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18 May 2012 @ 12:51 pm
Classic Safety Razor Shaving: It's Not Just For Men  
So, like many women, I have a love/hate relationship with shaving. It's a hassle, it's expensive, but in the spring and summer, it's necessary. I know some friends who wax, but I just can't try that. I can barely manage to get my eyebrows done, I can't imagine doing anything more. And forget about chemical treatments like Nair - I tried that once in my teens, and my legs stung for hours afterwards. Maybe I'm just sensitive, but I never had the desire to repeat the experience. 

I have watched my husband's shaving routine over the years, and marveled that no one seems to market the same concepts to women. There are far more electric razor options for men, for example. I've done disposable razors, I've tried electric, and they all have their drawbacks. Disposables are expensive, clog easily, and for those who are conscious of such things, are just one more thing to add to the landfills. Electric only work when they're charged, don't offer as smooth or as close a shave, and for me at least, tended to need replacement every few years.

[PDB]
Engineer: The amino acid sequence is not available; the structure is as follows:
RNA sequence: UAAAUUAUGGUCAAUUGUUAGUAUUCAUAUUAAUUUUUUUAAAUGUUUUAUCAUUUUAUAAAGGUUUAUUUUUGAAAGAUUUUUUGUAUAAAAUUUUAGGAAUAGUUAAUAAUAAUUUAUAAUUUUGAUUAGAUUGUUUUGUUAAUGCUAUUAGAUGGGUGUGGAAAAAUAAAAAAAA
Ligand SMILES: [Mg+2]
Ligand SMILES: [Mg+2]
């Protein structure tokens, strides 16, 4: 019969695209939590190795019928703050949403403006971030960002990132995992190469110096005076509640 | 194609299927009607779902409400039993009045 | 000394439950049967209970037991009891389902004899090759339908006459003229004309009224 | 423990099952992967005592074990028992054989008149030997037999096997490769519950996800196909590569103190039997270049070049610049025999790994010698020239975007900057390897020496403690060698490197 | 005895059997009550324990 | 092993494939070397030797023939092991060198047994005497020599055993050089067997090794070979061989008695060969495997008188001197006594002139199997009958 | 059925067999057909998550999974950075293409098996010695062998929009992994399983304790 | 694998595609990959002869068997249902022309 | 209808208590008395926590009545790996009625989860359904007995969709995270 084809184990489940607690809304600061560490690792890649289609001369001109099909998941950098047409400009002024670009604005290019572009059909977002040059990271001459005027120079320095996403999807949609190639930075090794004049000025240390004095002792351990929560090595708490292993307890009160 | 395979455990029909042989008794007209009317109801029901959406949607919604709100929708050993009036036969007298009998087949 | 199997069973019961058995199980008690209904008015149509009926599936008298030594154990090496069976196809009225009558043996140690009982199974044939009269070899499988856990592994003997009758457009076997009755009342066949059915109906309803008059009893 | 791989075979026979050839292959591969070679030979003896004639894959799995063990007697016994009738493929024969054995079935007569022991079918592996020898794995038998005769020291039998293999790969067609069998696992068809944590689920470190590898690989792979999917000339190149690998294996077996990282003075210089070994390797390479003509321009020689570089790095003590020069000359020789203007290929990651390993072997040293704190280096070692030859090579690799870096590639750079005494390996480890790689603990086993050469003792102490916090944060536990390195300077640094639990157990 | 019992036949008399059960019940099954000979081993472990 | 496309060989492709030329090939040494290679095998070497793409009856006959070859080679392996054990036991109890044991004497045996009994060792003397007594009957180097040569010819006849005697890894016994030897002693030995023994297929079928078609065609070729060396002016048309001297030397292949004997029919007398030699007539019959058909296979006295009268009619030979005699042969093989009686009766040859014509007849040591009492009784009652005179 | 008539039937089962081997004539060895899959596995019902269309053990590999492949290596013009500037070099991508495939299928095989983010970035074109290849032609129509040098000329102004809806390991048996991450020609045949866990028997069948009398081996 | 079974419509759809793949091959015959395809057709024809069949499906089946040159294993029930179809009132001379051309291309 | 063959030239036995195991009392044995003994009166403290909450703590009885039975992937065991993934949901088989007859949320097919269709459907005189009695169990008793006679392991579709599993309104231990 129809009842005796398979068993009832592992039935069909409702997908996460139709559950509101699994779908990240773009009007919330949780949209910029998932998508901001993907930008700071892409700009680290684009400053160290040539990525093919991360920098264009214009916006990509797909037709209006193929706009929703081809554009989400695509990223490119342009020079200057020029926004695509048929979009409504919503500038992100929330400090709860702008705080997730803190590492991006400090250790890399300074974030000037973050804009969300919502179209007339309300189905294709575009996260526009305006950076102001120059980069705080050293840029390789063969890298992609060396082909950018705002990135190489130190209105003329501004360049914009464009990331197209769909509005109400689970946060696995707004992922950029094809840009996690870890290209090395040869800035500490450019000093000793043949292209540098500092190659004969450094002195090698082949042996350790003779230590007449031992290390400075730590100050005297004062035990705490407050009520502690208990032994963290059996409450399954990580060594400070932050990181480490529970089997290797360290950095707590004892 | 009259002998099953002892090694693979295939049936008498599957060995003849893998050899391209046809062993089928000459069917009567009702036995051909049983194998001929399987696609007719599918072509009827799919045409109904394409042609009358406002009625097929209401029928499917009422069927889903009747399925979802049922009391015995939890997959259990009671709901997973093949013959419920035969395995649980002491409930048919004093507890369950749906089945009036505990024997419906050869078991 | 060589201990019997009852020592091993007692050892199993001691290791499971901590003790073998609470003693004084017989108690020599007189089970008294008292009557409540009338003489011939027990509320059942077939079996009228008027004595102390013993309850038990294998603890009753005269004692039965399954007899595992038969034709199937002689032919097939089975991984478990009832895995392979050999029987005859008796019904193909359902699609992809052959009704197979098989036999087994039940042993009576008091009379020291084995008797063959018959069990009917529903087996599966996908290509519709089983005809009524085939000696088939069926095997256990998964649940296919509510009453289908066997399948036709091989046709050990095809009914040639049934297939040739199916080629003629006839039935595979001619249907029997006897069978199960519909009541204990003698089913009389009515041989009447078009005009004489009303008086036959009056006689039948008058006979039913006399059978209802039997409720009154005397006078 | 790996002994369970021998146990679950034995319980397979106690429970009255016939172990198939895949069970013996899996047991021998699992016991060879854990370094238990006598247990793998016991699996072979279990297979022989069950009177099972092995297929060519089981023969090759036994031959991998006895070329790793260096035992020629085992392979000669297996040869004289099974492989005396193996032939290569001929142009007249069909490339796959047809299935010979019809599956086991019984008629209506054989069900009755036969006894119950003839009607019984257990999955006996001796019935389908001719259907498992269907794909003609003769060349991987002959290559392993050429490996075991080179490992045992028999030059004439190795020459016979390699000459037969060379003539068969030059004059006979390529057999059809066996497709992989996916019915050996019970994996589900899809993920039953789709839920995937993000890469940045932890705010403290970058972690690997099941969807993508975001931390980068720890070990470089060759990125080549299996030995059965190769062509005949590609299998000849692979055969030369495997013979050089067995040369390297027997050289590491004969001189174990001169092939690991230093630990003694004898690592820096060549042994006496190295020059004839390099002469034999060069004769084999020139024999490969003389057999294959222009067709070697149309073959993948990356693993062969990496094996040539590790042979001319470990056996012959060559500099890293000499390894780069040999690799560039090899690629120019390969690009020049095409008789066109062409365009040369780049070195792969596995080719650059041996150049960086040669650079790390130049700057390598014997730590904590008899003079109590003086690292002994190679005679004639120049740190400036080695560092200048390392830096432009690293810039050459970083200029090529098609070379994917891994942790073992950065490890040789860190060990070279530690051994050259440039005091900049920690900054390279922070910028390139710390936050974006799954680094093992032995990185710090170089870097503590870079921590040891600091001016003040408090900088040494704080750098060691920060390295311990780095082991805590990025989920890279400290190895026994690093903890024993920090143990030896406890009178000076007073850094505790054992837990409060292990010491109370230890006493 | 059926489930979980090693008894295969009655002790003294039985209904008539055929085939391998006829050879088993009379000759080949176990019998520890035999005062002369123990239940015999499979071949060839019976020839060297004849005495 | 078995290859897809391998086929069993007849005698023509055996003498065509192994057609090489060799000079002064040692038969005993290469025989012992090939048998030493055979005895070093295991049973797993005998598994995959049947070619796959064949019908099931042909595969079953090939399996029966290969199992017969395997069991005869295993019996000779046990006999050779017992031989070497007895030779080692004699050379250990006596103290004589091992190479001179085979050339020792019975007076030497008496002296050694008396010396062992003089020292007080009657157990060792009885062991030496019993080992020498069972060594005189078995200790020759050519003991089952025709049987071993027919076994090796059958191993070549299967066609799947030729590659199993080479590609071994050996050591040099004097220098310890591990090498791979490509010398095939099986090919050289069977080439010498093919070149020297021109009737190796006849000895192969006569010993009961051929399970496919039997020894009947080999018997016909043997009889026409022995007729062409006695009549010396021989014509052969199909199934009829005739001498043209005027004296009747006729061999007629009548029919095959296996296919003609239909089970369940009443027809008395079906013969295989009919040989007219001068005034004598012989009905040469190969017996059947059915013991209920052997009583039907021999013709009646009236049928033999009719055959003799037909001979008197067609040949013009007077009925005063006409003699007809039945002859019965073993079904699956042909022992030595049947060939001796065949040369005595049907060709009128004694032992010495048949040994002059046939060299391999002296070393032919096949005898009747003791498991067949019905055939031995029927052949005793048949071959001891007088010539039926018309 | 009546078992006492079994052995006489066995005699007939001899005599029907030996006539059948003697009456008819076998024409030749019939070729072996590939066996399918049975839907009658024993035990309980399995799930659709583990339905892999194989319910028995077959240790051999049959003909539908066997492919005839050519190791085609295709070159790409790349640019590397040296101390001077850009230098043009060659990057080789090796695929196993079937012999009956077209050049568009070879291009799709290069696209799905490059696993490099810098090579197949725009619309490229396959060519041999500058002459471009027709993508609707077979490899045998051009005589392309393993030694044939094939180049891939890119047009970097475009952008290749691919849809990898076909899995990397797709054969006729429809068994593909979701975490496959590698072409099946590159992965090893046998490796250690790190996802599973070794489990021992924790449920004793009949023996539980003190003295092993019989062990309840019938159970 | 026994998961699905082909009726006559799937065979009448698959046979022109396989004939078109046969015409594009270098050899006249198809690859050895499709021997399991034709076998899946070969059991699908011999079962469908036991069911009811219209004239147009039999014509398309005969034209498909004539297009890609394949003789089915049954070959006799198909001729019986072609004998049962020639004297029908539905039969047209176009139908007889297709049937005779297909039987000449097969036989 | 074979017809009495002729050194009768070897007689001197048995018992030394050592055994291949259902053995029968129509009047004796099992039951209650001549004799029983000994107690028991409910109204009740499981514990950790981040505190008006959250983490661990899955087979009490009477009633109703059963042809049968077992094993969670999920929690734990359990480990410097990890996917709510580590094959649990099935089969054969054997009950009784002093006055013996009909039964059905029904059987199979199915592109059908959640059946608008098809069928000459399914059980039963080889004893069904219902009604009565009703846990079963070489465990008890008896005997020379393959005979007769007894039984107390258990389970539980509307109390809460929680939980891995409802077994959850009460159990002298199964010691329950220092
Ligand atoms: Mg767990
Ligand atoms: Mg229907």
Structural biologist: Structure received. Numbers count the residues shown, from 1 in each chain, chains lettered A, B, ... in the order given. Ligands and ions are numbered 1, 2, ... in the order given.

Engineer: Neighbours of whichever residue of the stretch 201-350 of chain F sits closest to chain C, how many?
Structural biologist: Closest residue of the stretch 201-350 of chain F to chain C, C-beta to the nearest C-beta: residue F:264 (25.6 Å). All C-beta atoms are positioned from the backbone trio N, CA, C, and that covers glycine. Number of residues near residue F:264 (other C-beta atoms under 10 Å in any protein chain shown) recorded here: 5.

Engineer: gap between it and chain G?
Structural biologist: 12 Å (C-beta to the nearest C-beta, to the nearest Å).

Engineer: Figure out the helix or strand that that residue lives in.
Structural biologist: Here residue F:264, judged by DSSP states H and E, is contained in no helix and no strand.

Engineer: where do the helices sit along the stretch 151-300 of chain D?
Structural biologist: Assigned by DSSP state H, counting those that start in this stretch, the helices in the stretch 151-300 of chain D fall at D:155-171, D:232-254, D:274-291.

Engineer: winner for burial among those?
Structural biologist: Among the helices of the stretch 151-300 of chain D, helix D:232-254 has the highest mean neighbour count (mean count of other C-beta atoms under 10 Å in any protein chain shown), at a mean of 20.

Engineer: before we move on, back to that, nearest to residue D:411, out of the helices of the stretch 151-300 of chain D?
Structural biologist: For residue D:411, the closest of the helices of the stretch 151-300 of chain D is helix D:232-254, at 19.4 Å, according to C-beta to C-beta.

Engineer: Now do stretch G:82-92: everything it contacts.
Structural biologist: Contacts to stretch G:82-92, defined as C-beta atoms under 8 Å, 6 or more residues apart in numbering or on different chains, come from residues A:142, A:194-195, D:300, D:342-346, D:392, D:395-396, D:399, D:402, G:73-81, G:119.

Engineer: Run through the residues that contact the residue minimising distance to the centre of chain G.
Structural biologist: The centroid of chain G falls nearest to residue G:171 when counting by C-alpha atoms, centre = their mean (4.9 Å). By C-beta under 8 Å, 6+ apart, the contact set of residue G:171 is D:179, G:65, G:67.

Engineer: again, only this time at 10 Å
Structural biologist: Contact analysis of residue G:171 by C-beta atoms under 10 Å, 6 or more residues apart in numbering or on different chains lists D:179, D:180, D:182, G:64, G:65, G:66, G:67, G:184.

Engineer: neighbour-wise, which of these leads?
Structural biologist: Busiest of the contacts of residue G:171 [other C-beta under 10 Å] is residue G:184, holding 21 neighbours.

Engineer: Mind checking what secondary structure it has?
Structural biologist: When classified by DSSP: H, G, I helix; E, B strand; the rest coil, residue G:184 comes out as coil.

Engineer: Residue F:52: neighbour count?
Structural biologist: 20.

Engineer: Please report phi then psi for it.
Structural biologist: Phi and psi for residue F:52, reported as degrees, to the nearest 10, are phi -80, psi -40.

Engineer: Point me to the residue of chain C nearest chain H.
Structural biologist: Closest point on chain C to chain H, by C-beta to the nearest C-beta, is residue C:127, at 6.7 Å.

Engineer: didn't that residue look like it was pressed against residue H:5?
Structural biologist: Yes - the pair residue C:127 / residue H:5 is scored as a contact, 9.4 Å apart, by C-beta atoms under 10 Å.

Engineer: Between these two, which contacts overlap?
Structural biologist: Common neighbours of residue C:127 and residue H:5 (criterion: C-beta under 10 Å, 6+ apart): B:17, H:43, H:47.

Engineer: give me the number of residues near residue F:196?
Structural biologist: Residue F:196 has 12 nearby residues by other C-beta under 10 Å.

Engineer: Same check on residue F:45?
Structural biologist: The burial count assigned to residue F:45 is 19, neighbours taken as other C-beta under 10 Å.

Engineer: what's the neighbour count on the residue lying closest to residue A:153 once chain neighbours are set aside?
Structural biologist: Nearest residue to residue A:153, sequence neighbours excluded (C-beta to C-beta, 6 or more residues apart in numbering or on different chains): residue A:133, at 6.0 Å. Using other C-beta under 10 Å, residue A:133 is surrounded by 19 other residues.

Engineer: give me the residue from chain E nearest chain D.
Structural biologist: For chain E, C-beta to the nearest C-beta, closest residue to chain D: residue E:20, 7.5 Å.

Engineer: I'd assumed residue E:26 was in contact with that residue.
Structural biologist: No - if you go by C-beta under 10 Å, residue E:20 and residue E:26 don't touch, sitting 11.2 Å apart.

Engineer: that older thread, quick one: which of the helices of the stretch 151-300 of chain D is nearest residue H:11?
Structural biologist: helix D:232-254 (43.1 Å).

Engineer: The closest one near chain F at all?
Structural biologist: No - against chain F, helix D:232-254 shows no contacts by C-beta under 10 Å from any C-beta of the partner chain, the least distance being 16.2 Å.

In the last year or so, my husband (who has the same issues I've outlined above) has become interested in classic shaving. After doing research, we picked up a double edged safety razor for him for $6 at an antique mall:

It's a Gillette from the 1920's. The double eded blade fits between two plates that form the head of the razor. We also purchased a badger hair brush and classic shaving soap on Amazon for around $30 together, and he watched a bunch of youtube videos and away he went. There was a learning curve - you can't use pressure with these, or you will find yourself nicked. You have to just let the blade glide over your skin on its own. The shave was a lot closer and smoother than he had experienced  before. After several months of this, he has now moved one step further into straight razor shaving, something we seem to only see these days in movies. I can remember (vaguely) my father shaving this way when I was young, but he eventually moved to disposable razors. 

Last week, I ran out of disposable cartridges, and my electric razor was uncharged, but I needed my legs shaved. It was hot out, and I wanted to wear my capris for the first time this season. Thinking to myself "Well, it works for him..." I grabbed the safety razor you see pictured above, popped a new blade into it, and borrowed my husband's brush and soap. I proceeded to shave my legs, with a little fear of what might happen. To my surprise, it was easy. My fear probably helped, because I was so light and careful with the razor, I was using no pressure at all, just enough contact to draw it up my leg.

Things I noticed right away:

~ As with all shaving, the soap definitely helped. The blade did not glide easily if the soap was not present.